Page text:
Spent the day in Newton with former Councillor Fiona Hunter, who really knows her patch, and is another of the Tynedale Councillors who will be sorely missed. We were out and about in the village of Newton and the surrounding area all morning and popped in briefly to Mowden Hall ... To all of our surprise we were asked to stay for lunch with the kids. The children were amazingly well behaved, and clearly very happy. Asked the kids on my table who were the best teachers and one replied with a mischievous grin - "the gap year students, as they let us get away with more!" It is a wonderful school.
In the afternoon we were on the campaign trail in Ovington - am coming back to campaign here on June 3rd during the Euro election and wanted to spend time there beforehand.

Wednesday, 22 April 2009

Budget Blues

It does not matter whether you are rich or poor, black or white, Christian or Muslim, Tory or Labour ...sadly it is patently clear we are heading for the deepest recession since the 1930's. The level of government borrowing needs to be seen to be believed. I know I am not the only one who believes we cannot spend our way out of recession but the government seems fixated on spending at all costs. At some stage we will have to pay for this - and the problem will be our children's and our grandchildrens.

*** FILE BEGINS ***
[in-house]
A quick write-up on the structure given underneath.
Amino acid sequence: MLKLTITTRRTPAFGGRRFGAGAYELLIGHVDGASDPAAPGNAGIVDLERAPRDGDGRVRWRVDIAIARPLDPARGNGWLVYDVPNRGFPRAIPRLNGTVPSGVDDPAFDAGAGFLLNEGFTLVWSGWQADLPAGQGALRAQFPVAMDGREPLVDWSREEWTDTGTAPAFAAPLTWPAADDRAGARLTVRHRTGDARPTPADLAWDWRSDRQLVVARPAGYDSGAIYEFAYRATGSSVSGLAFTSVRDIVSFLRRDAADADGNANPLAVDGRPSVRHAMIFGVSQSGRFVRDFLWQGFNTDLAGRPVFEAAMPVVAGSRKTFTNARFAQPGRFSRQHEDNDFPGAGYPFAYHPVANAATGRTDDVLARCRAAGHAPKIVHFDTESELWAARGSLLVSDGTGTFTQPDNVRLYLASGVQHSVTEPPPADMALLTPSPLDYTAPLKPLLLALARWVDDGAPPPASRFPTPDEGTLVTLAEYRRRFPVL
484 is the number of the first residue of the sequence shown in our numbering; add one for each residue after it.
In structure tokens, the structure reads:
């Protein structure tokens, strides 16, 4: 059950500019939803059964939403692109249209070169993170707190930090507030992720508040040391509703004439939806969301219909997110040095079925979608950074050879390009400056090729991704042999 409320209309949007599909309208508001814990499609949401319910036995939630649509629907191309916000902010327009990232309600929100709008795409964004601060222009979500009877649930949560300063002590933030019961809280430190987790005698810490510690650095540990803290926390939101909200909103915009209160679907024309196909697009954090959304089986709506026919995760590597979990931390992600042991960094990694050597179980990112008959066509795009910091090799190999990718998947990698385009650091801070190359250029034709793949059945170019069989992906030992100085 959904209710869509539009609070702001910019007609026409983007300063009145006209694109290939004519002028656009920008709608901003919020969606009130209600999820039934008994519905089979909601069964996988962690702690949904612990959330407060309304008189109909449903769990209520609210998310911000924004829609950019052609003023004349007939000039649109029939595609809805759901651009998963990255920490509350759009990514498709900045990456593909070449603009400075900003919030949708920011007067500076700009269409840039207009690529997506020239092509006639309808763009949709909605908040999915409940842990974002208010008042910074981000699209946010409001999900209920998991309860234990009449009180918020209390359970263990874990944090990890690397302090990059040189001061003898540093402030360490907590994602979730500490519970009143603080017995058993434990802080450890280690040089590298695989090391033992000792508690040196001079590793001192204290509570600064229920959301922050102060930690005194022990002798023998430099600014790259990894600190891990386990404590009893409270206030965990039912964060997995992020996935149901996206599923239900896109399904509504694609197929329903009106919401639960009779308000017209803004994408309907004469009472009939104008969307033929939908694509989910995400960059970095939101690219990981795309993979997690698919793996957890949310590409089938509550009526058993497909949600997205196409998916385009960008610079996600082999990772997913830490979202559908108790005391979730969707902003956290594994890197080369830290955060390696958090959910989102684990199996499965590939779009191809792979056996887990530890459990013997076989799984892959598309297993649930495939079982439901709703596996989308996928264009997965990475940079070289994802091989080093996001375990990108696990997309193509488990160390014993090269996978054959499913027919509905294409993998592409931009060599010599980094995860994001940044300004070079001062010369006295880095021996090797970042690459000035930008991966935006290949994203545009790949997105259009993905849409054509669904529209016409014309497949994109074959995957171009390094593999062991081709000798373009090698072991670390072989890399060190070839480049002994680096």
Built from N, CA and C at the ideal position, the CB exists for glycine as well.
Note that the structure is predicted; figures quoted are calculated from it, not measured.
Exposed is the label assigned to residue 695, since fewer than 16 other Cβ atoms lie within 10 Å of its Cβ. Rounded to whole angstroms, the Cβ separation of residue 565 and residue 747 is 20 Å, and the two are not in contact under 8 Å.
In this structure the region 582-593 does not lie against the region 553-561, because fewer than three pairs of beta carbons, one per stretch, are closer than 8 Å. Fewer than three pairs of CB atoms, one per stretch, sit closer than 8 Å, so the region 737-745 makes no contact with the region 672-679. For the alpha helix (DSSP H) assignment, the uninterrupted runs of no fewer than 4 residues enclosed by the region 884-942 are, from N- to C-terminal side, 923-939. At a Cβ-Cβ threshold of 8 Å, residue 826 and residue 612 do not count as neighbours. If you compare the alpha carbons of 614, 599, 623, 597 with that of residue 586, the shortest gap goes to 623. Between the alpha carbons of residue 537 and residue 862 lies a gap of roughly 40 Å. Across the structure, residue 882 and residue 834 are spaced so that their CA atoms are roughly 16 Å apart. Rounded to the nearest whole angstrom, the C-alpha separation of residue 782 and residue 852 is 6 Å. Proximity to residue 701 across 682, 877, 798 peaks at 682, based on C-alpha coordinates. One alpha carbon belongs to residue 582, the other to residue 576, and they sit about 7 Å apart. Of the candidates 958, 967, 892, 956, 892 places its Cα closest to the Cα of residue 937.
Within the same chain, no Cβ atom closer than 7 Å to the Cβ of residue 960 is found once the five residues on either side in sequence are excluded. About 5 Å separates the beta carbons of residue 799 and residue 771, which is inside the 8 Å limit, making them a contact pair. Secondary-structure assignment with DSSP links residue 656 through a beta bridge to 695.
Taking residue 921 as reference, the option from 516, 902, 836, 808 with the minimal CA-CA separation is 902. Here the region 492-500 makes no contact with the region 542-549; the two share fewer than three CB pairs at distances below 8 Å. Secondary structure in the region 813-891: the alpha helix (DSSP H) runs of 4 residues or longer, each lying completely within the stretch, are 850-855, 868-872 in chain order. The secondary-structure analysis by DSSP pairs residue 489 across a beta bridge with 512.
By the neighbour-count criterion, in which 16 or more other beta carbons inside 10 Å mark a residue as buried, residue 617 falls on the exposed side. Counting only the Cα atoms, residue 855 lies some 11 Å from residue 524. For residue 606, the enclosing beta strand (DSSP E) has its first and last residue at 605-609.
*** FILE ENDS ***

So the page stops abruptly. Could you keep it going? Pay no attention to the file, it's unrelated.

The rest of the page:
How we got here matters less, right now, than how we proceed. The growth forecasts are fanciful [compare the government to the CBI] and future borrowing is extreme.
Long difficult days lie ahead

Friday, 17 April 2009

Acomb canvassing

Out on the campaign trail with Councillor Terry Robson in Acomb; Terry is the new mayor of Hexham, a very busy councillor, and well known in Acomb. We leafletted for 3 hours, chatting to people as we went, admiring the spring's effect on the gardens, which are late this year. Good response on the doorstep.

Saturday, 11 April 2009

Easter in Northumberland

A day hiking the Pennine Way around Bellingham - suitably fortified by the amazing home made food from the Bellingham Bakery.